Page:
Aside from writing a number of letters, such as to his friend from Tombstone days, Fred J. Dodge, and having a few casual visits with Lake, Wyatt didn't seem overcome with enthusiasm about this projected biography. He was interested, to be sure,  but after all he and John Flood had already completed their own detailed writing of his full story. A careful examination of Earp's correspondence with Lake, and with others from time to time, proves Wyatt remained extremely cautious, almost aloof, about the information he chose to discuss -- it being very limited indeed. These letters are far more interesting for what they don't say than from [sic] what they actually contain. Since Earp provided Stuart Lake with little actual help, he forced the writer to turn heavily to other sources to construct his story.
A comparison of Lake's "quotes" with Wyatt Earp's genuine statements -- in early letters, his dictation to John Flood, etc. -- reveals a startling difference in their rhythmic pattern. This difference is not evident between the quotes and narrative used in Frontier Marshal. So at best these quotes are highly suspect. Others have noticed this phenomenal similarity and some, such as the late Burton Rascoe, have publicly expressed their doubts:
I reserve judgment as to whether Lake is telling the truth or not . . . I can distinguish no difference between the personal rhythm and prose style of Earp and Lake. It is certainly a remarkable coincidence if Earp's and Lake's personal rhythm and style were so indistinguishable, especially inasmuch as Earp was a man of action all his life and Lake . . . a professional writer of long standing and considerable skill. 
Even witnesses to Wyatt have challenged the authenticity of Lake's writings on these grounds. One such source is quoted as saying, "I want to assure you that these stories presumed to have come from Wyatt himself, have not a vestige of truth. it isn't like Wyatt to have told them and I often wonder if he did . . . I never heard Wyatt talk like that."  If one believes the accuracy of Lake's Earp quotes he must also accept the Buntline Special tale since the writer has Wyatt Earp personally acknowledge the weapon through that literary devise.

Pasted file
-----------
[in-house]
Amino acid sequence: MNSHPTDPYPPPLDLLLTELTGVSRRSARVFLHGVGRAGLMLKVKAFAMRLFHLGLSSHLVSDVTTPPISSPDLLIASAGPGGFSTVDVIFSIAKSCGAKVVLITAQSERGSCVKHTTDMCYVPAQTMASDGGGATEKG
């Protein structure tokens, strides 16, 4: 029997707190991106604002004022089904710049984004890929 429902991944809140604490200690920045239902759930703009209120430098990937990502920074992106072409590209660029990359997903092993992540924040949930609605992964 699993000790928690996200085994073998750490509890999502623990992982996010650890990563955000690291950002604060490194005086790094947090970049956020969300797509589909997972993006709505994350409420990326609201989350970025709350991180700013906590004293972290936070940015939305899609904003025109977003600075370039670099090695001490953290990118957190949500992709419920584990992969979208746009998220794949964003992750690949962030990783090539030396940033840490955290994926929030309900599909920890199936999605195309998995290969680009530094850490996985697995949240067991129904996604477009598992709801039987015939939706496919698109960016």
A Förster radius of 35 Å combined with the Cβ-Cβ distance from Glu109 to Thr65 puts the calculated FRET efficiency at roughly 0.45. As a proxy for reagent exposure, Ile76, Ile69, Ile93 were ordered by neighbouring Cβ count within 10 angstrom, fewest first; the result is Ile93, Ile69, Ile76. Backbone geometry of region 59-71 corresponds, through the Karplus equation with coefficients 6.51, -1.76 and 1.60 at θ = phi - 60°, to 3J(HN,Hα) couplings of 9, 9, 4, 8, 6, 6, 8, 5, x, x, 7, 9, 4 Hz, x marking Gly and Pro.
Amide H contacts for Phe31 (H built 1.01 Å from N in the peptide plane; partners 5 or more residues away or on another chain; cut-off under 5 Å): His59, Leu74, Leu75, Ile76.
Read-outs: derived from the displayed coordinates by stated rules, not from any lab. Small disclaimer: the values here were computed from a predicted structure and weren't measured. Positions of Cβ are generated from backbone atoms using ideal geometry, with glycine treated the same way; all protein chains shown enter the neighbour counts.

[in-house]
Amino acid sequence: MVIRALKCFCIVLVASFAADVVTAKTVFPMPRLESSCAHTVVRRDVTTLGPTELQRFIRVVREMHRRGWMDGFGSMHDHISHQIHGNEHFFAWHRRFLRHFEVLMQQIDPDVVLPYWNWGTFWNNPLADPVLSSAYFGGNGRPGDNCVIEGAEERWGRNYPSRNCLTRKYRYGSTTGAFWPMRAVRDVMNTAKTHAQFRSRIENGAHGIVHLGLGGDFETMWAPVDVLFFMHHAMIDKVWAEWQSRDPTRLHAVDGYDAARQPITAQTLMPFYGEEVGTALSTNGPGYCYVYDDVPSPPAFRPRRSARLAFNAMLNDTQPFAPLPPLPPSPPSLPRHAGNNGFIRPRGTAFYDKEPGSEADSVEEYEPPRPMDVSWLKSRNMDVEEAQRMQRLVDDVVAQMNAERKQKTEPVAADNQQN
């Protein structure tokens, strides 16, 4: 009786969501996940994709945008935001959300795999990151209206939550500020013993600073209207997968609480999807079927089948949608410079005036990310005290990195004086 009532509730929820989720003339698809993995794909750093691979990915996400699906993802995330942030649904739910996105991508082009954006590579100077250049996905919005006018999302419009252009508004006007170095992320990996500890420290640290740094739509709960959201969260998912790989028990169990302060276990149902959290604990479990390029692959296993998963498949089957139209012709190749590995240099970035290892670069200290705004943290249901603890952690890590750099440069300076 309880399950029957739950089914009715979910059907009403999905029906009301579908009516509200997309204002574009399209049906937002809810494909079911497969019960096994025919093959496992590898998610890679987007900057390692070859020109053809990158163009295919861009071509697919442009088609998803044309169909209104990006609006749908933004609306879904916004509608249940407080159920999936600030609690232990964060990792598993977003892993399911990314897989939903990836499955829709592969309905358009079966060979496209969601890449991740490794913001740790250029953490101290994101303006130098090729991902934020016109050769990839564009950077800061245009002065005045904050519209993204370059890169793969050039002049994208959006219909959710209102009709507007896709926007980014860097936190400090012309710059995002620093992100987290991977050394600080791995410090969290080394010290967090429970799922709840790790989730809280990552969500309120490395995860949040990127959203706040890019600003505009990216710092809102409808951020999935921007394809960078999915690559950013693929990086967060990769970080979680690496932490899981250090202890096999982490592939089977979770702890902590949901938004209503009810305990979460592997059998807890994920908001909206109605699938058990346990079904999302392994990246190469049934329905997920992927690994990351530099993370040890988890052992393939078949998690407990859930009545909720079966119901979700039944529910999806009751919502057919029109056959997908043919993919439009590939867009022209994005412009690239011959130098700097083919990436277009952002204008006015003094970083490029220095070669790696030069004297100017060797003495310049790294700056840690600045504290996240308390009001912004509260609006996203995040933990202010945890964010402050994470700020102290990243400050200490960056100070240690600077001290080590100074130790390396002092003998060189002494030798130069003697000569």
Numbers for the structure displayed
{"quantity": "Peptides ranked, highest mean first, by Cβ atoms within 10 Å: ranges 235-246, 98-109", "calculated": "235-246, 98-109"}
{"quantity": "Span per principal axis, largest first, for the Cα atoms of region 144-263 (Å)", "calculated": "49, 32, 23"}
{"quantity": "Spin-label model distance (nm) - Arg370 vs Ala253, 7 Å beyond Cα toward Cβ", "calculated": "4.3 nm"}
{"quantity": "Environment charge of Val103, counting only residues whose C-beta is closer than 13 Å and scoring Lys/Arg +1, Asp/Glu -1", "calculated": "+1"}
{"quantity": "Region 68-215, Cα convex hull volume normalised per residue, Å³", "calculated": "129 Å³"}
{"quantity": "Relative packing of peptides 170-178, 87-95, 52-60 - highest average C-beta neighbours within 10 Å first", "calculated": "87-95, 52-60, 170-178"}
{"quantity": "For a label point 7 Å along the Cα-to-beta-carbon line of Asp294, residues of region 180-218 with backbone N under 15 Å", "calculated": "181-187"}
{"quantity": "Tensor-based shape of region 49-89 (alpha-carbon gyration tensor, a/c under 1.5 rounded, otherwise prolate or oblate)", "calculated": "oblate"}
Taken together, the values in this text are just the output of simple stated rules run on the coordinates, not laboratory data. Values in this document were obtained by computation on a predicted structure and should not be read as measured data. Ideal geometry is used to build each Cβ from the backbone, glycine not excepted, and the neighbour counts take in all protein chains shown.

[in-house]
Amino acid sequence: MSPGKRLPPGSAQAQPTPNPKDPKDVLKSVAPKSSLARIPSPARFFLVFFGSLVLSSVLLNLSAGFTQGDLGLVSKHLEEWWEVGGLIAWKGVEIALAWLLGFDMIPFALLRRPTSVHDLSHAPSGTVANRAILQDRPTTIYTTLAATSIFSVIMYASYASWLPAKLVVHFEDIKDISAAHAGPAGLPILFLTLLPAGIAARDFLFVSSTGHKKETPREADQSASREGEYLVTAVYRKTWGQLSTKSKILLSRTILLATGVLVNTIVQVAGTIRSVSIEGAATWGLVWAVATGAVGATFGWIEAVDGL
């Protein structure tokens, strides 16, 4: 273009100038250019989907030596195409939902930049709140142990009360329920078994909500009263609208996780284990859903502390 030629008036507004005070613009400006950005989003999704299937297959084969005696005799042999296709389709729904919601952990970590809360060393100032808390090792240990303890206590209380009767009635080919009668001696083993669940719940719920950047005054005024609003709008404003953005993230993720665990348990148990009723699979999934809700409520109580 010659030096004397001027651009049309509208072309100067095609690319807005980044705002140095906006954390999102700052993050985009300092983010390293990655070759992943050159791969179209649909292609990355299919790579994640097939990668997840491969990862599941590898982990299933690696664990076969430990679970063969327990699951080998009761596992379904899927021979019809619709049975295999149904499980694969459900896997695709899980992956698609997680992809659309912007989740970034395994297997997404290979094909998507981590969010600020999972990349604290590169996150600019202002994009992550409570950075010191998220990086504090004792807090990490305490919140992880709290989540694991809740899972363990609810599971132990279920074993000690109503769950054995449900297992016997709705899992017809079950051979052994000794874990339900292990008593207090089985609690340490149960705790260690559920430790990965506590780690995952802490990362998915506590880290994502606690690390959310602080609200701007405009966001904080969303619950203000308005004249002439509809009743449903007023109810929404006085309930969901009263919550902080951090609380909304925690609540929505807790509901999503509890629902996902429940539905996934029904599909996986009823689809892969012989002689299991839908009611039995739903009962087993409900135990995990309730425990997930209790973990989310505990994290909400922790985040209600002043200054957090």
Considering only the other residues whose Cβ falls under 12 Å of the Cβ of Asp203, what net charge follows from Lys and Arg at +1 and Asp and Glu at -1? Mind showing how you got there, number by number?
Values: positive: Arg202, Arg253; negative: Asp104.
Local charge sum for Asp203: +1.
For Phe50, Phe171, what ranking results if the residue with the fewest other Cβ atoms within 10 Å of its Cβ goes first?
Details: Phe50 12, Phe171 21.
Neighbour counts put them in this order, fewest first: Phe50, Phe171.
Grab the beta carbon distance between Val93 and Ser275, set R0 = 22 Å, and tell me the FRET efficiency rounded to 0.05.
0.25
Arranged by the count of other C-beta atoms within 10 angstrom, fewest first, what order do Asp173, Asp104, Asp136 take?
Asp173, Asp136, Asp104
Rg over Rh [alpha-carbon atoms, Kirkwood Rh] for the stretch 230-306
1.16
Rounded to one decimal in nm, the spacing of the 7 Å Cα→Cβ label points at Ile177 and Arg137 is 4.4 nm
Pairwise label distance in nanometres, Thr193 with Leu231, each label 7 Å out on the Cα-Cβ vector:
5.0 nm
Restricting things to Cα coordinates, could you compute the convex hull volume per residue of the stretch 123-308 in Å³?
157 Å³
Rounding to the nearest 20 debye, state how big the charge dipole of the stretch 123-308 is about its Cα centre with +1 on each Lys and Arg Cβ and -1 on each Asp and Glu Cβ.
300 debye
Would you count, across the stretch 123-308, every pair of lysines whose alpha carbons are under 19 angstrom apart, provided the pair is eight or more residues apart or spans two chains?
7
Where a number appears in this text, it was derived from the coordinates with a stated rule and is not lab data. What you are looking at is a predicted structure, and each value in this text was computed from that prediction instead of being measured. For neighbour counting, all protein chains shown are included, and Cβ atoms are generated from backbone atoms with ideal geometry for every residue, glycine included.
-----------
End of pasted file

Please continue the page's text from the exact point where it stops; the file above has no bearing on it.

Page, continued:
Regardless of such widespread speculation, Stuart Lake solves this mystery himself. Lake admitted in writing to the publishers of Frank Wateri's book The Colorado (1946) that he and he alone was responsible for Earp's "quotes" in Frontier Marshal. As Waters recalled.
. . . while most of Lake's book consisted of allegedly verbatim quotations from Wyatt, Lake in his letter to my publishers affirmed that Wyatt never dictated a word to him, never saw a word of his writing, and died two years before the book was published. Lake thus denied the purported authenticity of his own book, and admitted sole responsibility for its wholly romantic, untrue, and fictitious Contents. 
Wyatt had definitely wanted to read the manuscript -- to protect himself. When Lake let it be known he planned on sending portions to his New York agent,  Earp quickly vetoed the idea saying it would be unfair to him personally, ". . . there may be changes or corrections that I would want to make, and nobody should know its contents until I have read it over thoroughly."  Three days after writing these words, Wyatt Earp died -- before ever seeing a page of Stuart Lake's manuscript.
Lake further confessed to Burton Rascoe that he had received no direct quotes from Wyatt since Earp, he said, "was inarticulate. In speech he was at best monosyllabic."  Oddly enough, those people having the most direct contact with Wyatt Earp never complained of an inability to understand clearly what he had to say. Wyatt certainly didn't possess the literary style of a Stuart N. Lake, but this supposed vocabulary deficiency is not apparent in the shorthand notes of Earp's verbal reminiscences taken by John Flood in preparation of Wyatt's autobiography. Even though he seems to be the only person having this extreme difficulty, Lake went on to tell Burton Rascoe that he, therefore, "felt journalistically justified in inventing the Earp manuscript."  (Italics added.)